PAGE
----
High iodine (substrate) turnover Graves’ disease: the intriguing ‘rapid responder’ variant of thyrotoxicosis

Ann Clin Biochem 2008;45:612-615
doi:10.1258/acb.2008.008098
© 2008 Association for Clinical Biochemistry

 

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Case Reports


Rinkoo Dalan1,
Melvin Khee-Shing Leow1,2 and
David Chee-Eng Ng3


1 Department of Endocrinology, Tan Tock Seng Hospital, 11 Jalan Tan Tock Seng, Singapore 308433;
2 Singapore Institute for Clinical Sciences (A*STAR), Brenner Centre for Molecular Medicine, Yong Loo Lin School of Medicine, National University of Singapore, Singapore 119077;
3 Department of Nuclear Medicine and PET, Singapore General Hospital, Singapore 169608


Corresponding author: Rinkoo Dalan. Email: rinkoo_dalan{at}ttsh.com.sg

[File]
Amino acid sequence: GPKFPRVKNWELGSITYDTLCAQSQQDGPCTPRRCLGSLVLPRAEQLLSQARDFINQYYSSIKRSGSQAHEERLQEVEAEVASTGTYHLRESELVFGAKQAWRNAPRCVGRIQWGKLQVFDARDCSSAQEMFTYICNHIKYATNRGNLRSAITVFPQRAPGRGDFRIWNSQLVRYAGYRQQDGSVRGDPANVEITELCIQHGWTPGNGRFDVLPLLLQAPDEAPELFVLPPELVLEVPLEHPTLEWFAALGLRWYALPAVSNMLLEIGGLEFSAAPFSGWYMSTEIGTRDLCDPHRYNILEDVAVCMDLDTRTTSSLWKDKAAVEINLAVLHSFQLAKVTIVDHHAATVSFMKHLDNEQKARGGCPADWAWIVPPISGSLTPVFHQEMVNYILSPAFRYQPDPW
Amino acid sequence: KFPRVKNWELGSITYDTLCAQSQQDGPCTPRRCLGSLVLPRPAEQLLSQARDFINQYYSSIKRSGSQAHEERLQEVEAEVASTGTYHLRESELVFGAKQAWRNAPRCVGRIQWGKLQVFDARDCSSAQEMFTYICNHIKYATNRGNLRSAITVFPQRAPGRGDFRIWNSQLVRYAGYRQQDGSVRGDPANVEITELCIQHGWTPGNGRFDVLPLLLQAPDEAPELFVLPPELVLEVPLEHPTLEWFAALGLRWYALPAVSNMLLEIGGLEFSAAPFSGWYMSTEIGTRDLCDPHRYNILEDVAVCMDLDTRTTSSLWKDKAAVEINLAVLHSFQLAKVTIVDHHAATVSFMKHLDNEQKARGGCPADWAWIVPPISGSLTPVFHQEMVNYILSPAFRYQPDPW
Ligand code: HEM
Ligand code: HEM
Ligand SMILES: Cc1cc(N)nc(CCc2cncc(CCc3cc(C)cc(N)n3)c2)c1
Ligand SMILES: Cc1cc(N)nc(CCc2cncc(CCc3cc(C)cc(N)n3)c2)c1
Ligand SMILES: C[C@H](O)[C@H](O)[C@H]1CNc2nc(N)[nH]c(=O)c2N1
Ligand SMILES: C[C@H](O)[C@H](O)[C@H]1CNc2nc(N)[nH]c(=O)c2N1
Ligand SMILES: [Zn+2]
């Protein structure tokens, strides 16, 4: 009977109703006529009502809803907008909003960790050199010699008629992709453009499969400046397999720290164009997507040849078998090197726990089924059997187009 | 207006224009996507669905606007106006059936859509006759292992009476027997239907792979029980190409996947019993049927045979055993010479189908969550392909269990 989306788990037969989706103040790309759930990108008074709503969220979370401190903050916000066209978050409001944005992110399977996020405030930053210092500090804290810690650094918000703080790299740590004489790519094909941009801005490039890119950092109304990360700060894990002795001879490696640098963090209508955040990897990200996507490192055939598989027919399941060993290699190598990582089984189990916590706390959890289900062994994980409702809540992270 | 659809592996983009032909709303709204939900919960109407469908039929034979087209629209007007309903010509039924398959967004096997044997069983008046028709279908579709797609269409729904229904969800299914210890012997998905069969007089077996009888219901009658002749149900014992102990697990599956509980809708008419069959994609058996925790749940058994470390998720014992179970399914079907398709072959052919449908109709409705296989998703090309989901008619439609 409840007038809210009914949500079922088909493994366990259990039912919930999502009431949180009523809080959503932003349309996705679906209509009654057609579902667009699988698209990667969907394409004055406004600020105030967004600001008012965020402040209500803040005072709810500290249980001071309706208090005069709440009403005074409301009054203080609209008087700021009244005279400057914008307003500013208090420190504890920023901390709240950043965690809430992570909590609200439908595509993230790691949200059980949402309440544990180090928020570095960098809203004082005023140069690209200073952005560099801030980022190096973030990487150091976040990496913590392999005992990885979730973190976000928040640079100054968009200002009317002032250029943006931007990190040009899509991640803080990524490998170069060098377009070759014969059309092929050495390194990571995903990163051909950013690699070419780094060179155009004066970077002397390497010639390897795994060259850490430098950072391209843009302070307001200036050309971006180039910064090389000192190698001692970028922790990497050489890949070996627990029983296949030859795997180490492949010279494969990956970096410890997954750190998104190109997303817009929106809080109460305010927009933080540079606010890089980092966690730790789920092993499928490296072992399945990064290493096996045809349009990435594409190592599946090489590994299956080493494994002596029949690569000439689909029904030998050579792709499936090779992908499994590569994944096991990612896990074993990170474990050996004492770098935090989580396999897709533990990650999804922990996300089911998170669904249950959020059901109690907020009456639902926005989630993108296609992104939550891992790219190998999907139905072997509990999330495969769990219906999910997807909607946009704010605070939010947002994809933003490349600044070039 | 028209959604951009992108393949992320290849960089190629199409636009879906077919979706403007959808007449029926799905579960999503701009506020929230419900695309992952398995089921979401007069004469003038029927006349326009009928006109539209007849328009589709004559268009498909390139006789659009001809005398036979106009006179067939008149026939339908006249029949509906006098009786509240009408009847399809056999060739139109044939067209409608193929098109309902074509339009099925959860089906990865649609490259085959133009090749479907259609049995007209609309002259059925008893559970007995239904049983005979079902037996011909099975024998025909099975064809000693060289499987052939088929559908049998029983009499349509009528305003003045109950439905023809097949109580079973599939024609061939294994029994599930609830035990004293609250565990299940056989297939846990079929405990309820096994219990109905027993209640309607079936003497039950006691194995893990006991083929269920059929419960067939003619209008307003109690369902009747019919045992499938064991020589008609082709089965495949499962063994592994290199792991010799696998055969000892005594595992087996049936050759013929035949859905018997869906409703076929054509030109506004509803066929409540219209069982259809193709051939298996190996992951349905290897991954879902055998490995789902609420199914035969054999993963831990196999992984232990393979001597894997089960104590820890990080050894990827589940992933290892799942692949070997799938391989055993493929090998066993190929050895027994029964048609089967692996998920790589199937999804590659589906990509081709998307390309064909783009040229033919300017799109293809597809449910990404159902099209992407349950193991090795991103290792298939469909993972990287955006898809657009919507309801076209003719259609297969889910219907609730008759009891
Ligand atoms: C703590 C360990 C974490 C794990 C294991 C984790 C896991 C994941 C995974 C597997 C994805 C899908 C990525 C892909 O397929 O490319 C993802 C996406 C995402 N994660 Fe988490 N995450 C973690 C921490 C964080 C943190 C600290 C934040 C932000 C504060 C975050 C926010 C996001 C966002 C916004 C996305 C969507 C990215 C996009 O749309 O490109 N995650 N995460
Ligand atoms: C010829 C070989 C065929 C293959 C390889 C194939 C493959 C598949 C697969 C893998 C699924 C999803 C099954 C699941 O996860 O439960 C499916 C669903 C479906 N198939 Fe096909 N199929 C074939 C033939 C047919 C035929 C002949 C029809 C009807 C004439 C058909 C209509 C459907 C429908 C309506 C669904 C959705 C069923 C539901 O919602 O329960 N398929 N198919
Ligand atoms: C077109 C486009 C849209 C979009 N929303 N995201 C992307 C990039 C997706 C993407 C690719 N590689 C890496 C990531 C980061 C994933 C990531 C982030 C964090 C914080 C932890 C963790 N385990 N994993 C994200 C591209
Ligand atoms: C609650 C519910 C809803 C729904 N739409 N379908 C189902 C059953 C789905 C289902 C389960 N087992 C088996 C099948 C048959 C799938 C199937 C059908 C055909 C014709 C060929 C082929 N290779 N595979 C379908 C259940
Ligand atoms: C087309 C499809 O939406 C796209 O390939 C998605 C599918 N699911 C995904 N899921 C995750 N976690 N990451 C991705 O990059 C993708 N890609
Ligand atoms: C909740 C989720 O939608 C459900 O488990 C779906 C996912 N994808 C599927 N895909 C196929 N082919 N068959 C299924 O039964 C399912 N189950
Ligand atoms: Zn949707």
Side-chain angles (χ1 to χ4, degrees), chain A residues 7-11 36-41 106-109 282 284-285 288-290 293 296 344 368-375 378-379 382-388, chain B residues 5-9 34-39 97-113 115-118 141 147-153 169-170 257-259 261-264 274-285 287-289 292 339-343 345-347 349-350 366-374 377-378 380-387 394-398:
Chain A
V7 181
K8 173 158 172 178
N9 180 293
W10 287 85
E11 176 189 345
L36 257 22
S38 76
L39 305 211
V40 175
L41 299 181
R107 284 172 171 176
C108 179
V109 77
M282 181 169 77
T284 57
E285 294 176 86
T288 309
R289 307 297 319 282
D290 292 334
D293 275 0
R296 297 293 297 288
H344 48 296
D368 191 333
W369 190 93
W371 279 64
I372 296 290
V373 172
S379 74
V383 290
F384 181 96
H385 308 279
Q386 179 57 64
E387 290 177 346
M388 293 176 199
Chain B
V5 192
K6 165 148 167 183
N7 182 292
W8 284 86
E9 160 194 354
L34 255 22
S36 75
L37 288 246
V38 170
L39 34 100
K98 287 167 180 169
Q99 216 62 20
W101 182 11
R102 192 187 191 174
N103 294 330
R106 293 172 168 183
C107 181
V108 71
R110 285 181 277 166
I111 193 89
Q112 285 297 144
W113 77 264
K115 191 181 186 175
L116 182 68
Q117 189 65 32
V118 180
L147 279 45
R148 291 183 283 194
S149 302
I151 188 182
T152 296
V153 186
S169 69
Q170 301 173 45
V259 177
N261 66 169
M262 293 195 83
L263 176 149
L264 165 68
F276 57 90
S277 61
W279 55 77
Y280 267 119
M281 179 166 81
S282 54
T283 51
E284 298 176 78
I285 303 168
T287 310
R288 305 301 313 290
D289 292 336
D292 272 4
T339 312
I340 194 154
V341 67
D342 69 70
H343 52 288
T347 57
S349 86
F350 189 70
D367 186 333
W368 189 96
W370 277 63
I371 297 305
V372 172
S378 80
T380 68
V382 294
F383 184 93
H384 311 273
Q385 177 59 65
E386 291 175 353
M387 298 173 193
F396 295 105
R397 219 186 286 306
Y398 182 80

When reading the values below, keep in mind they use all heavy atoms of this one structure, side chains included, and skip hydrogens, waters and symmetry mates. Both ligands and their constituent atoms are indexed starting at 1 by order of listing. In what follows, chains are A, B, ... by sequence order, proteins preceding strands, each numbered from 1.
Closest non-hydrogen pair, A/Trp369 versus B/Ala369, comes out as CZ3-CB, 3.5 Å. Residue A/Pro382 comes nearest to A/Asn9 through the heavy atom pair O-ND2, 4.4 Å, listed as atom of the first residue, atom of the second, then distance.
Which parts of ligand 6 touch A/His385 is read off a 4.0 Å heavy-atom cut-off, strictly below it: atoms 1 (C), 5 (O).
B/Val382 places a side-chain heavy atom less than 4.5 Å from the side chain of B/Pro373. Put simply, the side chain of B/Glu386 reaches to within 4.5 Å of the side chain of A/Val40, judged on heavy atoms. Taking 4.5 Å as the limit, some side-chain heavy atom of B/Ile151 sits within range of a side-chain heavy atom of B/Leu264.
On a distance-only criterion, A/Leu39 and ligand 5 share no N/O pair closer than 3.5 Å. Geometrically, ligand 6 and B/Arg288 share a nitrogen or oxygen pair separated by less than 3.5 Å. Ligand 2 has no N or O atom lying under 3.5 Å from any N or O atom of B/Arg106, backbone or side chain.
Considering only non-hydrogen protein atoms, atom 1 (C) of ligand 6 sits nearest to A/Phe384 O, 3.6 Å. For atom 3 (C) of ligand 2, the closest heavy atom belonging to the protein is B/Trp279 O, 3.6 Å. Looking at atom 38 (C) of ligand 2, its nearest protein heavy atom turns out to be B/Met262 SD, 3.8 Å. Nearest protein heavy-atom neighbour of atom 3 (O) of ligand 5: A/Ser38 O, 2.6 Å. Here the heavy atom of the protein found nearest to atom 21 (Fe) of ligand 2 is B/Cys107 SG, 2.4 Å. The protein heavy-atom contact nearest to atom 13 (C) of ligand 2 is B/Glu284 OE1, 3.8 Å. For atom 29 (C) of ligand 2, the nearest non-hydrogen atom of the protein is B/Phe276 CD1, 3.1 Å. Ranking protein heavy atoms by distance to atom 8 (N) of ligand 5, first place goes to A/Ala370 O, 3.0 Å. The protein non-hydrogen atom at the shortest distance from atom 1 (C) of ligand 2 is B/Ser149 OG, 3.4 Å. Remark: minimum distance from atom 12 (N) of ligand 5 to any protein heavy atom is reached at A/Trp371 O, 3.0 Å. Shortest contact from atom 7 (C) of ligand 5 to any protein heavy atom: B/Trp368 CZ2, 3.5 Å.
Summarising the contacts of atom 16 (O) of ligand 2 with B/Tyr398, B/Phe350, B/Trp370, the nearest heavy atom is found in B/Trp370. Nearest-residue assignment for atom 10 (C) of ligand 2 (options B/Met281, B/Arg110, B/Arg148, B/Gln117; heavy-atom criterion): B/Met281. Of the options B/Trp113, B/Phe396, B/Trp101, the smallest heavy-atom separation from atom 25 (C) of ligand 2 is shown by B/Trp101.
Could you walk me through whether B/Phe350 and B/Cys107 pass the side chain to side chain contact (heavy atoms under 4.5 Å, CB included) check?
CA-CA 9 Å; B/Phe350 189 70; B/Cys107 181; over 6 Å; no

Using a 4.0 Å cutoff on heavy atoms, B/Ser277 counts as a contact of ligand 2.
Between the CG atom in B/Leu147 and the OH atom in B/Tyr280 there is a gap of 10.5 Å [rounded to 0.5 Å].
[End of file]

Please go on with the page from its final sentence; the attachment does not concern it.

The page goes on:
Factors determining the responsiveness to antithyroid drugs(ATDs) in Graves’ disease are not fully known. Notwithstandingthe typical pattern and tempo of thyroid hormone responses tothionamides, the existence of an unusual subset of Graves’ diseasewith extraordinarily rapid thyroid hormone responses to ATDswill prove challenging even to the expert clinician. Termed‘rapid responder Graves’ disease’ or ‘highturnover Graves’ disease’, the serum thyroxine (FT4) andtriiodothyronine (FT3) of patients with this variant of thyrotoxicosiscan decline precipitously during the initiation of ATDs andyet escalate acutely upon discontinuation of pharmacologicalintervention. We describe a case that presented with low serumFT4 and FT3 in association with suppressed serum thyrotropin(TSH) concentrations soon after starting carbimazole even ata low dose. The erratic clinical course comprising largely ofserum FT4 nadirs and peaks is elaborated to facilitate appreciationof the difficulty in the stabilization of the thyroid with ATDs.The possible pathogenetic mechanisms for the chaotic fluctuationsin thyroid hormones to minor changes in thionamide dose adjustmentsare discussed as well.

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